Title:Performance Improvement
Posted By:JanBing ( Jan Hofmeister )
Date Created:7 October 2015

I know, it's a bit unspecific to ask for improved performance, but I've just tried Nvidia's realtime flex demos, and pretty much all of them run a lot faster than what Lucid can do - which is especially apparent with fluids. Is 3ds max slowing down the calculations? Or are Nvidia's own demos just optimized much better?

Follow Ups

There are a few things at play here:

  • Nvidia can do things which we can't. Namely, they keep their assets on VRAM (GPU) so memory never has to travel between CPU and GPU. In Lucid it does because Max runs and processes things on CPU.
  • We also have to copy things into a format which 3dsmax supports, be it meshes, particles, or other geometry and then back to GPU
  • Displaying things in Max is slower because we can't "cheat" like the Flex demos do and use screen buffer to fake meshing particles
  • We do more calculations in Lucid. We have to add/modify forces, copy velocities back and forth, copy and assign parameters, UV coords, and so on. All of this chips away at performance.
  • Last but not least, we are currently focusing on stability and usability more than speed. I think once we get over the usability hump we will nail down and optimize performance in many areas.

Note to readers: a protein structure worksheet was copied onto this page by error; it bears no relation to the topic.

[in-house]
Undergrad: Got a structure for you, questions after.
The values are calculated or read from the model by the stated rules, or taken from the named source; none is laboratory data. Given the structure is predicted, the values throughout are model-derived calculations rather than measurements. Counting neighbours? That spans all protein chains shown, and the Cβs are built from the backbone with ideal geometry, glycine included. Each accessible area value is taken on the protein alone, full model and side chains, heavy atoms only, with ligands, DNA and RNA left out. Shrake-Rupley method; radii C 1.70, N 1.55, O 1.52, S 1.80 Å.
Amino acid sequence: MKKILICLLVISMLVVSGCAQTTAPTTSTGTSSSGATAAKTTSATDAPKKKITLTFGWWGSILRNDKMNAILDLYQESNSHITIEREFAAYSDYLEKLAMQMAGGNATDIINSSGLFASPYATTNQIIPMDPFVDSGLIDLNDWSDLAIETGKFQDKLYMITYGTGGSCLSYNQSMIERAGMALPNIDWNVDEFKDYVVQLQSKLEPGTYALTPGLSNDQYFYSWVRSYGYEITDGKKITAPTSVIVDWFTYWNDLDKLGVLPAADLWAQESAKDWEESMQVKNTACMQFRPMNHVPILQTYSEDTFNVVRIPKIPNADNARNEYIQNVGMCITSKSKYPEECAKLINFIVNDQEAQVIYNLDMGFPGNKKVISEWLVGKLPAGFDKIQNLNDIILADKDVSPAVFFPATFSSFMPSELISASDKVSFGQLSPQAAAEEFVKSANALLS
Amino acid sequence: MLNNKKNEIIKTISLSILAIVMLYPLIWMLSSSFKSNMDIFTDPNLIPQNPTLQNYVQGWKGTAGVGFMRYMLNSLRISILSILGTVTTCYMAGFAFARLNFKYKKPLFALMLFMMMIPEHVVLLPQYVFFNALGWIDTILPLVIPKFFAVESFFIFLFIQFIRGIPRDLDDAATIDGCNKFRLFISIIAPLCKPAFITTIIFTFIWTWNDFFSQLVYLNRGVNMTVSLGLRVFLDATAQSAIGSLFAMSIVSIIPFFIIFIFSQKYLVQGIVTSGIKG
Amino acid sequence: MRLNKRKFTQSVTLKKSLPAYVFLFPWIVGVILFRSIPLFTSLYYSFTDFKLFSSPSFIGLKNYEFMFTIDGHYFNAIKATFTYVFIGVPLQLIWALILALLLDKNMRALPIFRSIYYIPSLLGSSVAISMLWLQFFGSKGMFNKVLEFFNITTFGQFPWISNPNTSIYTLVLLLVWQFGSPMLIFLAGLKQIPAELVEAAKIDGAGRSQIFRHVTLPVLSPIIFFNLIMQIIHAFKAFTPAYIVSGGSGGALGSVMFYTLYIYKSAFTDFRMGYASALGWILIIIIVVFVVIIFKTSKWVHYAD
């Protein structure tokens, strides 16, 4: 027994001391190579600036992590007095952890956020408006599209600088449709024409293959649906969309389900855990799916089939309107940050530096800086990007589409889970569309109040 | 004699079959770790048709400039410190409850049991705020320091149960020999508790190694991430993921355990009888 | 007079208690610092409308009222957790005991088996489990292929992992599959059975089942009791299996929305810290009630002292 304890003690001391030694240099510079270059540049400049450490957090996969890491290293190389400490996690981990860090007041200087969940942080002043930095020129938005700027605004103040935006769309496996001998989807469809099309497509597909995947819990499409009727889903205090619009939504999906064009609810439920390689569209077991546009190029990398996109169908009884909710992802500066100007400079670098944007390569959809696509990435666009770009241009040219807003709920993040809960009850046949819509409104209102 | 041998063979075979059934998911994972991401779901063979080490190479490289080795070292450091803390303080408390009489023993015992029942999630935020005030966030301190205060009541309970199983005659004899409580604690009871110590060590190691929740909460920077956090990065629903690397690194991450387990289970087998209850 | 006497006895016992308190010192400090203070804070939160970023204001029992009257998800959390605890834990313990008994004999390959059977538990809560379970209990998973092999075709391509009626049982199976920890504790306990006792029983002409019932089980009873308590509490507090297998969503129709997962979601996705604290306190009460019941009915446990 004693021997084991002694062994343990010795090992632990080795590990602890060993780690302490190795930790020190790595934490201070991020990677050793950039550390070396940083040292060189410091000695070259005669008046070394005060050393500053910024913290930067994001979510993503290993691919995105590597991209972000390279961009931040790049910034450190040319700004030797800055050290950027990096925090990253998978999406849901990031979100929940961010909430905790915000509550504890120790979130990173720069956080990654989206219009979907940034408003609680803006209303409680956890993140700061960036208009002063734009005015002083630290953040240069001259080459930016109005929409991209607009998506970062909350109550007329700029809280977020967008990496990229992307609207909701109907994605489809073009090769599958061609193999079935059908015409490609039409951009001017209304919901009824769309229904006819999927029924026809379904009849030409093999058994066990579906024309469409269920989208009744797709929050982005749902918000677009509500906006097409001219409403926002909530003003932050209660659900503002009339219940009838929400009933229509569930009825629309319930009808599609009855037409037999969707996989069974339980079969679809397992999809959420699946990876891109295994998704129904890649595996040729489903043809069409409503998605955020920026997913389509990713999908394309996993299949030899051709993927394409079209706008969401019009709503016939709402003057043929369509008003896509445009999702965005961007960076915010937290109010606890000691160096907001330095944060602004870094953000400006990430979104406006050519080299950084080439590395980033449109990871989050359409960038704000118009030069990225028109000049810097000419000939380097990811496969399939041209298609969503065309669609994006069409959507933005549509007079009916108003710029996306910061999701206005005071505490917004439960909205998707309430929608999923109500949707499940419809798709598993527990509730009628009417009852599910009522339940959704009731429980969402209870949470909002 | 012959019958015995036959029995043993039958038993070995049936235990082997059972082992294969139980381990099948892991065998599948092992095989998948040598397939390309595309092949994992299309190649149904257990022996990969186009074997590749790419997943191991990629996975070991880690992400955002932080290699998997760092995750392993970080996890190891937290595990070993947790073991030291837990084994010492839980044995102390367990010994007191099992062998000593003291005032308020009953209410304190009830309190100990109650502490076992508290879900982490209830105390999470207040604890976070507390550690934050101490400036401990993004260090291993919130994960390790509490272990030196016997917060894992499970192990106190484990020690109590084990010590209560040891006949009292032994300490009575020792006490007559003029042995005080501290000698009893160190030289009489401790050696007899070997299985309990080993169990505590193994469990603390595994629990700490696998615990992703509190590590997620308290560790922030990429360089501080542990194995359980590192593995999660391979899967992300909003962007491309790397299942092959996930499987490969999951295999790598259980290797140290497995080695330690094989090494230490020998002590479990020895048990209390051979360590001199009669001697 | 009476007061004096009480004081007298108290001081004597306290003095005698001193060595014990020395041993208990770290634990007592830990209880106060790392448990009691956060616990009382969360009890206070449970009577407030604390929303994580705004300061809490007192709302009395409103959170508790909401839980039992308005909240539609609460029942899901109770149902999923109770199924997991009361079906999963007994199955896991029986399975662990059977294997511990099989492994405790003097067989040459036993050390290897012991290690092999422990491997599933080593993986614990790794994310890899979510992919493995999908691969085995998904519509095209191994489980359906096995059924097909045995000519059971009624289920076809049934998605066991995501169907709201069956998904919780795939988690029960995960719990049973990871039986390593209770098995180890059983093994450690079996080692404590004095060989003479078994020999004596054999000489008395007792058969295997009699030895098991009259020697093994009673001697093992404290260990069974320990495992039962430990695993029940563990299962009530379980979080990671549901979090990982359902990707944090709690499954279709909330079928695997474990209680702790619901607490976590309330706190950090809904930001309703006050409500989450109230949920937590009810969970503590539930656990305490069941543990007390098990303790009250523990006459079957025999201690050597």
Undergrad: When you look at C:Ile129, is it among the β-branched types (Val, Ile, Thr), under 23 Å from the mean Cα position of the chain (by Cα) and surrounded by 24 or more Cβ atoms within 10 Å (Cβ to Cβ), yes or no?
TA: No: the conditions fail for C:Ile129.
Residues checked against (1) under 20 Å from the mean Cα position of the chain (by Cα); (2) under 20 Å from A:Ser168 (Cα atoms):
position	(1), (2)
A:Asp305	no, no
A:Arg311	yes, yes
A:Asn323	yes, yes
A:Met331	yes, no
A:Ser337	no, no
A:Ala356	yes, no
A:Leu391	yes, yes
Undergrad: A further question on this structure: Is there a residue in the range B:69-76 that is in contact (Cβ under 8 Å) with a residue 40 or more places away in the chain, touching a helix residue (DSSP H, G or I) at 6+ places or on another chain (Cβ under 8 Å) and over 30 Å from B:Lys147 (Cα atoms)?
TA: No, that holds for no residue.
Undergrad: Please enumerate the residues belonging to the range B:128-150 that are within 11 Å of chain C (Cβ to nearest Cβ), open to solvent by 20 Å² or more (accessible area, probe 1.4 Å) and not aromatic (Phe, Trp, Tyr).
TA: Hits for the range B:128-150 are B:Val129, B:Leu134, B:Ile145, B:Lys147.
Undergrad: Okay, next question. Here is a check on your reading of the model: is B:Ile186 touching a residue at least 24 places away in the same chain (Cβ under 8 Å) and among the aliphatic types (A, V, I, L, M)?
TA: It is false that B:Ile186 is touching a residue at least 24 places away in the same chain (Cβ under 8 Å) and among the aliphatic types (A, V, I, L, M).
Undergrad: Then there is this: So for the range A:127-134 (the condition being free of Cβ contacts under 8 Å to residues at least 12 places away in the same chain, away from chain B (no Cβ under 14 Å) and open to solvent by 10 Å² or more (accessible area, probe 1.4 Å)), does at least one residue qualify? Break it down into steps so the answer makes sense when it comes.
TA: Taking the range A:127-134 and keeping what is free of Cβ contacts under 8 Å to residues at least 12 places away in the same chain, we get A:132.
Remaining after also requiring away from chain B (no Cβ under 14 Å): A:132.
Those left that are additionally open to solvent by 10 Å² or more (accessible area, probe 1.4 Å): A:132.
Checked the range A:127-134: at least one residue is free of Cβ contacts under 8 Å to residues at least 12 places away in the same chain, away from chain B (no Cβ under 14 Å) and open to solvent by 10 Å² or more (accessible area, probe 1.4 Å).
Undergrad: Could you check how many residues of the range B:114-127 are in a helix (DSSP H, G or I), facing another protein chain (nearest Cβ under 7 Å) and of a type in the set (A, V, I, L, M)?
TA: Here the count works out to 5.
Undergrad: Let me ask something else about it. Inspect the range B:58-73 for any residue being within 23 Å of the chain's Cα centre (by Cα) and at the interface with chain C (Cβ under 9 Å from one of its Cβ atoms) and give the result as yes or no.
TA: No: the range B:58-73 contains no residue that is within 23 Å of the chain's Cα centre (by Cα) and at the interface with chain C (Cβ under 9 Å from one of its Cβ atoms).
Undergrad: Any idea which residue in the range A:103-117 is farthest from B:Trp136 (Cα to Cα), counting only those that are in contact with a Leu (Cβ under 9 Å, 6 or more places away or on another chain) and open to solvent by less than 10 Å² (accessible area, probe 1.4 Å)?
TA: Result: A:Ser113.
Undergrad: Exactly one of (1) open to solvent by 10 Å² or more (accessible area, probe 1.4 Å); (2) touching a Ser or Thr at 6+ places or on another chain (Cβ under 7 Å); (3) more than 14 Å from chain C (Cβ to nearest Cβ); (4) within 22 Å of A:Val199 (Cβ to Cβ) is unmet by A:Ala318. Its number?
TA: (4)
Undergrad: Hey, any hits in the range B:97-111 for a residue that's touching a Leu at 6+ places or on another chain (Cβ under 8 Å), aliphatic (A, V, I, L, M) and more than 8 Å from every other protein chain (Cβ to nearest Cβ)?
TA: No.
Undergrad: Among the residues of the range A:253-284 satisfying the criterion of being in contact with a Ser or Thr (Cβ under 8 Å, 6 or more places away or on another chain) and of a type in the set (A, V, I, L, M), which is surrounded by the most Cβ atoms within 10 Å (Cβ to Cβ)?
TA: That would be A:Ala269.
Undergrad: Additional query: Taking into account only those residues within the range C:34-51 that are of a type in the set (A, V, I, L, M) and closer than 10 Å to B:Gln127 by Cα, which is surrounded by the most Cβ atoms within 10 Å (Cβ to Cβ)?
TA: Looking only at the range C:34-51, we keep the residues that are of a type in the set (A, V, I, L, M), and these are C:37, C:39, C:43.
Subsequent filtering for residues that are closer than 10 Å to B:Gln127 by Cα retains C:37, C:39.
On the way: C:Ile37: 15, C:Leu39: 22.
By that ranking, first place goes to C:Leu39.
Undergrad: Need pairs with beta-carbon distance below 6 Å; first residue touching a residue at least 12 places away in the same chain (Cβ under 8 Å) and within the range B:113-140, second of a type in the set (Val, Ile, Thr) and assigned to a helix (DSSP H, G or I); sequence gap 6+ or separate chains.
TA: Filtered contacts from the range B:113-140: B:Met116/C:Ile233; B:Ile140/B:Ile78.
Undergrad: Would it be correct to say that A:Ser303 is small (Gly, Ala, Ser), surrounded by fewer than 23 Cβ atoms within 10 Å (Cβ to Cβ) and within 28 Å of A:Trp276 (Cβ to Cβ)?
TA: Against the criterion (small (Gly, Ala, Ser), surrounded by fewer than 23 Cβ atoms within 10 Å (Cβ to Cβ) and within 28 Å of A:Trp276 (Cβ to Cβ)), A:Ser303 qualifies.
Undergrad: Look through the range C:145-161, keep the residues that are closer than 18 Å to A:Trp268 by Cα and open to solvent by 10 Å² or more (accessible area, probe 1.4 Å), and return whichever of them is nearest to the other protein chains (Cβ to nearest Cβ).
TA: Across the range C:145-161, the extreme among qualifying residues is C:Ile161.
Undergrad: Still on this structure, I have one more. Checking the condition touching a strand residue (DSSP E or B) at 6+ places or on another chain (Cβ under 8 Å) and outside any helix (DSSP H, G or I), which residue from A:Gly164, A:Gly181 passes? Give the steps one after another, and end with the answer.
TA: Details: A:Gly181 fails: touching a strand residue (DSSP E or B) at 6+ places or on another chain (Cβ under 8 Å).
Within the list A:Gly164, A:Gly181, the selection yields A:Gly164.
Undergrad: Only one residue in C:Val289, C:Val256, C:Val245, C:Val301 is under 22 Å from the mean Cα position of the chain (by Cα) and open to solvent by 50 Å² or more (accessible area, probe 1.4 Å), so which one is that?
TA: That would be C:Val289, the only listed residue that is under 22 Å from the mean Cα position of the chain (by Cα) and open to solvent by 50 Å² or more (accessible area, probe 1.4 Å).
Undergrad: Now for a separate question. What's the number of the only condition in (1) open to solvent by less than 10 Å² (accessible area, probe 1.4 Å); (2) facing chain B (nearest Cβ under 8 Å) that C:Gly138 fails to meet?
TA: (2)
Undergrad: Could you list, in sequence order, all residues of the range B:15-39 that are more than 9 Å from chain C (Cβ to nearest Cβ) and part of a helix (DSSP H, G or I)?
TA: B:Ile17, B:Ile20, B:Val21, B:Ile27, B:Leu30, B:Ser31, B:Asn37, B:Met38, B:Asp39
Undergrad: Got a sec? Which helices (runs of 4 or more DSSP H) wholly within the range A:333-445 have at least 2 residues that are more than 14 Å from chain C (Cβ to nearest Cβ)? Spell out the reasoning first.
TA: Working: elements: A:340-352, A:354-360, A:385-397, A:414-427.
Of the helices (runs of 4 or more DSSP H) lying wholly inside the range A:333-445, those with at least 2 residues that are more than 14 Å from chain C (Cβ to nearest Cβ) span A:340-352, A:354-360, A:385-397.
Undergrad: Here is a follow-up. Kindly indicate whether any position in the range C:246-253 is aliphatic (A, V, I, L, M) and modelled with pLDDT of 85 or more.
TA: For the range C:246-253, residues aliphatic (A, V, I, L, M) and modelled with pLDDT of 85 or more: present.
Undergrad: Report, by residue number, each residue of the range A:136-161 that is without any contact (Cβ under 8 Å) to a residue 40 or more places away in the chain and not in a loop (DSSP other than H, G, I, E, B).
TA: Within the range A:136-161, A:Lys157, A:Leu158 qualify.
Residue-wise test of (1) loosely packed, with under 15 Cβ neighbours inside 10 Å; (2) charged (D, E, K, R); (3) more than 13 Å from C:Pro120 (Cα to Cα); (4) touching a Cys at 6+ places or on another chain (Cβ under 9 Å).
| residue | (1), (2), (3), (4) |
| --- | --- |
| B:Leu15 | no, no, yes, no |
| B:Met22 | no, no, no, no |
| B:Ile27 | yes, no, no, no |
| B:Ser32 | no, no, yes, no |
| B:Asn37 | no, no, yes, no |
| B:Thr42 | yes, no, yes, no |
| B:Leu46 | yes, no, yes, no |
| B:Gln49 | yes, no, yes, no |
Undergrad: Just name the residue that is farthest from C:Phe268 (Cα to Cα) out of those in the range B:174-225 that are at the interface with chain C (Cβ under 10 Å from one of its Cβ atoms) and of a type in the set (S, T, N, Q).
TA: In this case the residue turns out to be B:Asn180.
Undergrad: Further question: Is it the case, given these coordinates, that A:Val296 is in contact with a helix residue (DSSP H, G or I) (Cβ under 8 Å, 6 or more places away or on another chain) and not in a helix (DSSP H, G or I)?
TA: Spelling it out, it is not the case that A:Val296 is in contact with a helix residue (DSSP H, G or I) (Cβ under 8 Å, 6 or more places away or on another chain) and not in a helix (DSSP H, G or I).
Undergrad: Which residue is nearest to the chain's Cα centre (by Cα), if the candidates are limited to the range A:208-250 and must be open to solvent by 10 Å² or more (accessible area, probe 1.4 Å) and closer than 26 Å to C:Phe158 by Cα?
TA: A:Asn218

In short, you can't expect it to be as fast as Flex demos for reasons above but it will be fast enough for everyone to enjoy I hope.

Marsel Khadiyev (Software Developer, EPHERE Inc.)

The speed is already quite impressive to me!

Speed IS amazing, I agree. And now I understand why the demos are faster, thanks for the rundown :)



Would distributed networrk simulation be possible with Flex?  


With ten network gpu's churning out one simulation you could push the particle count to tens of millions...  



I haven't heard anywhere of a possibility of distributing Flex animations over a network but I suspect that may not be possible. Since the main advantage is storing things in VRAM and using GPU to parallel process all this data one does have to simulate on the same machine. Maybe a technology like SLI could help double the particle count, however.

Marsel Khadiyev (Software Developer, EPHERE Inc.)